An Undeniable Truth

I just love documentary films. Right now, I am a few episodes into something called ‘Wild Wild Country.’

(On an article called “The 6 Best Documentaries About Cults To Watch On Netflix,” the subtitle was, “What to binge when you’ve finished ‘Wild Wild Country.’” And as I’ve never watched ‘Wild Wild Country,’ that was clearly the next choice. Now, is it weird that the artificial intelligence algorithm recommended an article about cults to me? I wonder what about my previous online history would suggest that cults would be my deal… Anyway, it’s not important to think about that too much; these algorithms are surprisingly on the nose. I would totally be interested in cult docs. So I’m a few episodes deep into ‘Wild Wild Country.’)

It’s about Bhagwan Rajneesh (who is called Osho, I don’t know why) and his gigantic group of followers. They began in India and moved to Oregon, outside of a tiny town called Antelope, and built a town called Rajneeshpuram. Eventually, it’s going to morph into something awful, but I’m not there yet. So far, it’s just setting the scene for that something awful.

I posted months ago about one called ‘Holy Hell’ that was absolutely fascinating. This is not that different. These cults are primarily about community. The members who are interviewed today, decades after the implosions, are still visibly moved, teary-eyed over their paradise lost.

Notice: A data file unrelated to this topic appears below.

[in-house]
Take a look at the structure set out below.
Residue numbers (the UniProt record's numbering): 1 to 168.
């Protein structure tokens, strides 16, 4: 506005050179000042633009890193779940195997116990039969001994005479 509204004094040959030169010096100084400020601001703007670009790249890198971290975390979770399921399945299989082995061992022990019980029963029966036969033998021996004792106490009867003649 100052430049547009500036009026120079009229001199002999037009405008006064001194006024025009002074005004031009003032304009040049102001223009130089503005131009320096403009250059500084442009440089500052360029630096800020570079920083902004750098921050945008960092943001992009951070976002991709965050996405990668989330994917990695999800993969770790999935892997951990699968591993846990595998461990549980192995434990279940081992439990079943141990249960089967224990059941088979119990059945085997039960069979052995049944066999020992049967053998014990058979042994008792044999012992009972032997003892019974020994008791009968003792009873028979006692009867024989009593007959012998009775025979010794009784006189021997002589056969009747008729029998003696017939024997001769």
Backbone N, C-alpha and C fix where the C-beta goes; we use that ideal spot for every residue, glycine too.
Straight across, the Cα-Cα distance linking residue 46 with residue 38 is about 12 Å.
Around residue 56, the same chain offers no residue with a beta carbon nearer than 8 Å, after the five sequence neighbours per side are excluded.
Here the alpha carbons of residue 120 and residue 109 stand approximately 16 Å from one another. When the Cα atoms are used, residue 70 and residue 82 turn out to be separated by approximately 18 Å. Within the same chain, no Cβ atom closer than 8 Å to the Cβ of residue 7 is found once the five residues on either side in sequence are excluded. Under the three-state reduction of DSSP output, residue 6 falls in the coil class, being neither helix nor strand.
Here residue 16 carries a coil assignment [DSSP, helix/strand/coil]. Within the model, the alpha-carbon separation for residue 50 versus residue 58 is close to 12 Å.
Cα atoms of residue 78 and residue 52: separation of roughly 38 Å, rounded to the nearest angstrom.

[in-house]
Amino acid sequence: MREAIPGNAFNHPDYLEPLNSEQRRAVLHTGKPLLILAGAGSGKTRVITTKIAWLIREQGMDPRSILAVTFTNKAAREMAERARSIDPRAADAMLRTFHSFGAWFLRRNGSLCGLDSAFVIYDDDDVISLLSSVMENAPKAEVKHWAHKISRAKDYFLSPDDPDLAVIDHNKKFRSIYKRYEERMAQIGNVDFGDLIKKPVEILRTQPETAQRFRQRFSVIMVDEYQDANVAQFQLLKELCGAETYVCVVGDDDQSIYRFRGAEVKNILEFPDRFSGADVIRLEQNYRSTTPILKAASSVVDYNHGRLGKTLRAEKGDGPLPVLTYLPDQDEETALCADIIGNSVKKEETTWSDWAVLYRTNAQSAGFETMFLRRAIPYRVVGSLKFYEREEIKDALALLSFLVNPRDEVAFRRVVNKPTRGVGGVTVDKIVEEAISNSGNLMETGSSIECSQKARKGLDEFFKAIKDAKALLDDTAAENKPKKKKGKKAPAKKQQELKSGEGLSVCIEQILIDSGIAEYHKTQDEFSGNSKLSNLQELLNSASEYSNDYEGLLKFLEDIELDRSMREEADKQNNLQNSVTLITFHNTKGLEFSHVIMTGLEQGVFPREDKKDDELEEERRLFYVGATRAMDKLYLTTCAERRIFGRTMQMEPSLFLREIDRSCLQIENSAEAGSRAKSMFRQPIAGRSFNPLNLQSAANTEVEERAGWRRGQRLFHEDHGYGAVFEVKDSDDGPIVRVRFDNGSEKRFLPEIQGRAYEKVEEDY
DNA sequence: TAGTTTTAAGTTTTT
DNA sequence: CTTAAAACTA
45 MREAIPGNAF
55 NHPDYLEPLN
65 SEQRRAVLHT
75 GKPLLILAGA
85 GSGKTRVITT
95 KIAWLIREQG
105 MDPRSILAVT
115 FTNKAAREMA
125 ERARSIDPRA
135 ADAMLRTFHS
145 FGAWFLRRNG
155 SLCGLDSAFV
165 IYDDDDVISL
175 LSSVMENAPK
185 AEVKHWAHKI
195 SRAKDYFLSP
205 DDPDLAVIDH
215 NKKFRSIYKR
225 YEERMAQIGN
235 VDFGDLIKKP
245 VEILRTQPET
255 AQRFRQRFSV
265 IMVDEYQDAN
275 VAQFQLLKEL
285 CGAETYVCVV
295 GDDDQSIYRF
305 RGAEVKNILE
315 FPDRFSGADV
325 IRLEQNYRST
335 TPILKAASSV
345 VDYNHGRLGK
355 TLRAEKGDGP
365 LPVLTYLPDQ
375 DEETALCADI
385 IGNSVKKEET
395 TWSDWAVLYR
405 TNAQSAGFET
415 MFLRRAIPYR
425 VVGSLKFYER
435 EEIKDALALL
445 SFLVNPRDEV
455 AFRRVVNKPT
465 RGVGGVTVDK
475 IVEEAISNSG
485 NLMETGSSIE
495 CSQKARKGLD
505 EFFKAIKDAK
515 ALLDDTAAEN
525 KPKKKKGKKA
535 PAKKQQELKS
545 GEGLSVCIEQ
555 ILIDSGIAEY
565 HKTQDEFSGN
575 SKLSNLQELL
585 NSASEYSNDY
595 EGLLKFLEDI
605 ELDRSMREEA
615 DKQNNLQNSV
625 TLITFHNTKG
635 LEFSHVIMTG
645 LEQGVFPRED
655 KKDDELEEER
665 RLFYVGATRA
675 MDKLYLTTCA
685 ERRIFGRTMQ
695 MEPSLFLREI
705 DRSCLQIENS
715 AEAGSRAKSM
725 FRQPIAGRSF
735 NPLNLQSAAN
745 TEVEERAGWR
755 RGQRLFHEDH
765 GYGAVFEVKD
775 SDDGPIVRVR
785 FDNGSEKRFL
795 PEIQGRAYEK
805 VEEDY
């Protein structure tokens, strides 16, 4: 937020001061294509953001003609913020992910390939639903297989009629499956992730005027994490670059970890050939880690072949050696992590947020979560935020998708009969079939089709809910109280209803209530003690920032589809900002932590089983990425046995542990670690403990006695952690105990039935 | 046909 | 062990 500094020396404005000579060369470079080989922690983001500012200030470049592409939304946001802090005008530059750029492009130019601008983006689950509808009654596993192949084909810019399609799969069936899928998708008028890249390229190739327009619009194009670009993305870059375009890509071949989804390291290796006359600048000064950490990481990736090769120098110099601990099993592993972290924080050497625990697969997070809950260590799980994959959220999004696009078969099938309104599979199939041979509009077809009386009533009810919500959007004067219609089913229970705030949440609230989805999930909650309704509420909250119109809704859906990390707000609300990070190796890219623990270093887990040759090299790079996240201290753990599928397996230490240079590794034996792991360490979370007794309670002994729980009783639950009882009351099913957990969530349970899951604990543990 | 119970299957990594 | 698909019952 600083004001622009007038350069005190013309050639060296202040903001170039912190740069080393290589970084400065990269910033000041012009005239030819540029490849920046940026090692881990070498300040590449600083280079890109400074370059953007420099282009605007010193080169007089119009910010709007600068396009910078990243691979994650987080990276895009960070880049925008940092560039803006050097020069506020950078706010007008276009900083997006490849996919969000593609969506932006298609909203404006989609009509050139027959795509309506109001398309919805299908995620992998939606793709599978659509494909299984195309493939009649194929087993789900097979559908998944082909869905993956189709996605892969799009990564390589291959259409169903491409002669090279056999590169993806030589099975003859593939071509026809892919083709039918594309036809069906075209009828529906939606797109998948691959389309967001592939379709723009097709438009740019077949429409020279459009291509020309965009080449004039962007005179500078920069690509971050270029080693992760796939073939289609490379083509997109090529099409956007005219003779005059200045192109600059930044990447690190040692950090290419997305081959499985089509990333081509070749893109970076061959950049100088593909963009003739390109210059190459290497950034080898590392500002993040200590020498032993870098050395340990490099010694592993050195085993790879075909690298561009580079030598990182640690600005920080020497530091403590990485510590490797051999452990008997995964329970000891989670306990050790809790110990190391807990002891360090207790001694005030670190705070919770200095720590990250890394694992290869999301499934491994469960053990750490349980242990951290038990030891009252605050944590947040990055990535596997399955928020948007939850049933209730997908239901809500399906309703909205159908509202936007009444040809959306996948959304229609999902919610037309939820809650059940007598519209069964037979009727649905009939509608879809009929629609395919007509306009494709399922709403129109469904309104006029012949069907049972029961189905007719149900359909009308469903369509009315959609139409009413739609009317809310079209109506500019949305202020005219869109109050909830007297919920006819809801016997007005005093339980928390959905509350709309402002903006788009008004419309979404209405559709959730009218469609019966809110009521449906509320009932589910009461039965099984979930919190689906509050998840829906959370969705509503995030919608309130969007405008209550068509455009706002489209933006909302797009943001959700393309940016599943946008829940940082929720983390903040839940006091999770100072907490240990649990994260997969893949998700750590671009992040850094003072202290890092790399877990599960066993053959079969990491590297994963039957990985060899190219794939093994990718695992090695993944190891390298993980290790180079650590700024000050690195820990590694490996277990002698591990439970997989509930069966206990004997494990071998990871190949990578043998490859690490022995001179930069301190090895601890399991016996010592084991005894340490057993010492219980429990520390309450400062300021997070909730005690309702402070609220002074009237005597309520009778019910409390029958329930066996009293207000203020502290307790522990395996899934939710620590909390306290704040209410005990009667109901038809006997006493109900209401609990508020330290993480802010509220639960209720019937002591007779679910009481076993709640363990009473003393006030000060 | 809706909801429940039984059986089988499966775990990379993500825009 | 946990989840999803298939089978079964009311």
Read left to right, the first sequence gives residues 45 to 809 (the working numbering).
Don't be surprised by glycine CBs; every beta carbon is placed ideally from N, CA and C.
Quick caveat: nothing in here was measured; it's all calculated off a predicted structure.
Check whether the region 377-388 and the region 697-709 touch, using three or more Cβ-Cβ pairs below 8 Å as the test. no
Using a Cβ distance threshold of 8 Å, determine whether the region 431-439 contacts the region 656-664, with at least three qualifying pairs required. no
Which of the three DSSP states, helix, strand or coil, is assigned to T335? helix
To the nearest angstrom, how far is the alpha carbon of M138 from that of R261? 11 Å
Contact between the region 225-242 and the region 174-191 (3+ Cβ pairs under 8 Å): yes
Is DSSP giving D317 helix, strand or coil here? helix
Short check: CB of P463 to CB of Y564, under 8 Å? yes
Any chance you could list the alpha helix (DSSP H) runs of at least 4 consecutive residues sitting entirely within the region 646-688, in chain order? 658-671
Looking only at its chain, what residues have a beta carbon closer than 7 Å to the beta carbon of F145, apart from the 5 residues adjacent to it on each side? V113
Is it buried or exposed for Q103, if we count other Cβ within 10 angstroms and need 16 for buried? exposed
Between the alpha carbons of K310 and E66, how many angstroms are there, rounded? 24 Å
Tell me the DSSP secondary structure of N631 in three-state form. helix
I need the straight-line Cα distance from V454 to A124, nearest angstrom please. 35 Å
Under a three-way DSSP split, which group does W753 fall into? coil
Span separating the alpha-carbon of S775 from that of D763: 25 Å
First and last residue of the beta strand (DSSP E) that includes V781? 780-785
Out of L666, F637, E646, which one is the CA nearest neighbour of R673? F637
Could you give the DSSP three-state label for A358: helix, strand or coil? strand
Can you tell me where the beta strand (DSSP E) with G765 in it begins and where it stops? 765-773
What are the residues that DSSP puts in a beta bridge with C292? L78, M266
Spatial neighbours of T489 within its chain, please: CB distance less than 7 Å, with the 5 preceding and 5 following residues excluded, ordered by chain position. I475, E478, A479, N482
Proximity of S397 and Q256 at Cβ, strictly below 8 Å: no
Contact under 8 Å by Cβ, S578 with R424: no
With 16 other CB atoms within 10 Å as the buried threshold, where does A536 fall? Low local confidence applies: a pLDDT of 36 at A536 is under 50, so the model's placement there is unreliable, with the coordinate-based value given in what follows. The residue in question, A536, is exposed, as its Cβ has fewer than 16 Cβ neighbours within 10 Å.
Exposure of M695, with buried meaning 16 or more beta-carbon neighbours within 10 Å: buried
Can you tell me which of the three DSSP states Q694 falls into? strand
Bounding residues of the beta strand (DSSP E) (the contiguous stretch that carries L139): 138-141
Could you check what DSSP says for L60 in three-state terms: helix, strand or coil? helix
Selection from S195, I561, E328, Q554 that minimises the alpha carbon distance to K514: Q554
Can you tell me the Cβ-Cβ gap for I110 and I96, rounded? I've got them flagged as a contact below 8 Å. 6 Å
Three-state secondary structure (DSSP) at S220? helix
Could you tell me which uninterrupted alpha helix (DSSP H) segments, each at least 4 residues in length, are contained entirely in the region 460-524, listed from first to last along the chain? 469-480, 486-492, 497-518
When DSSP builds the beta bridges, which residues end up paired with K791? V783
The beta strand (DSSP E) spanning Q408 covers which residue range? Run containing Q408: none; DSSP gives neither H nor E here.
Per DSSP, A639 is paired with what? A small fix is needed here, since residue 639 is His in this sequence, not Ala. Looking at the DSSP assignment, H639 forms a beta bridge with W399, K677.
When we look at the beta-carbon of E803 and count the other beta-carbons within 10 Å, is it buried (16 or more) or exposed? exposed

People come in droves to find belonging and family, they give up everything for this pursuit. And they find it. They do. When these films/series begin, it’s easy to see the attraction. Now you ask “Why would they become a part of this????” But when you hear them reflect on their stories, you don’t ask anymore, you know why.

As far back as I can remember, I’ve learned our core virtues are independence and self-reliance. We worship the legend of the solitary hero. We pull ourselves up by our bootstraps. Asking for help is a sign of weakness that isn’t easily transgressed. We suffer in silence, thank you, and please mind your own business about it.

We tell stories about how we were in a big mess, how we were hurting, how we were depressed, how we were at rock bottom – NEVER how we are hurting or at rock bottom – because these stories are actually ones of our incredible capability. It appears and sounds like vulnerability, but is actually the opposite.

We believe we don’t need anyone.

My son will tell you he likes this time, likes being at home, likes not being around people (except Angel and I and sometimes Samuel). He doesn’t, though. He’s increasingly restless, aimless and grouchy. He doesn’t know this is because he has been created for community, because being alone is “not good,” and the other 3 who live in this house are simply not enough for months and months. He calls it “out of sorts.” Yesterday, he was on a Zoom call with 3 of his buddies for a birthday, and it doesn’t take the smartest man in the world to see the “sorts” he’s out of, that he’s missing, is them.

I think he’s like most of us. We’ve believed we’re islands and that we can do it (whatever it is) ourselves and we fill our lives up with anything to distract us from the fact that we are wrong. These cults abuse and manipulate in so many ways, but they always leave us with one undeniable truth. Maybe their power and attraction lies in our stubborn denial of that truth, leaving us empty, wanting and open to the lure of the group.

And if I am grateful to COVID-19, it’s because this virus is showing us, in vivid color, what we have been missing.

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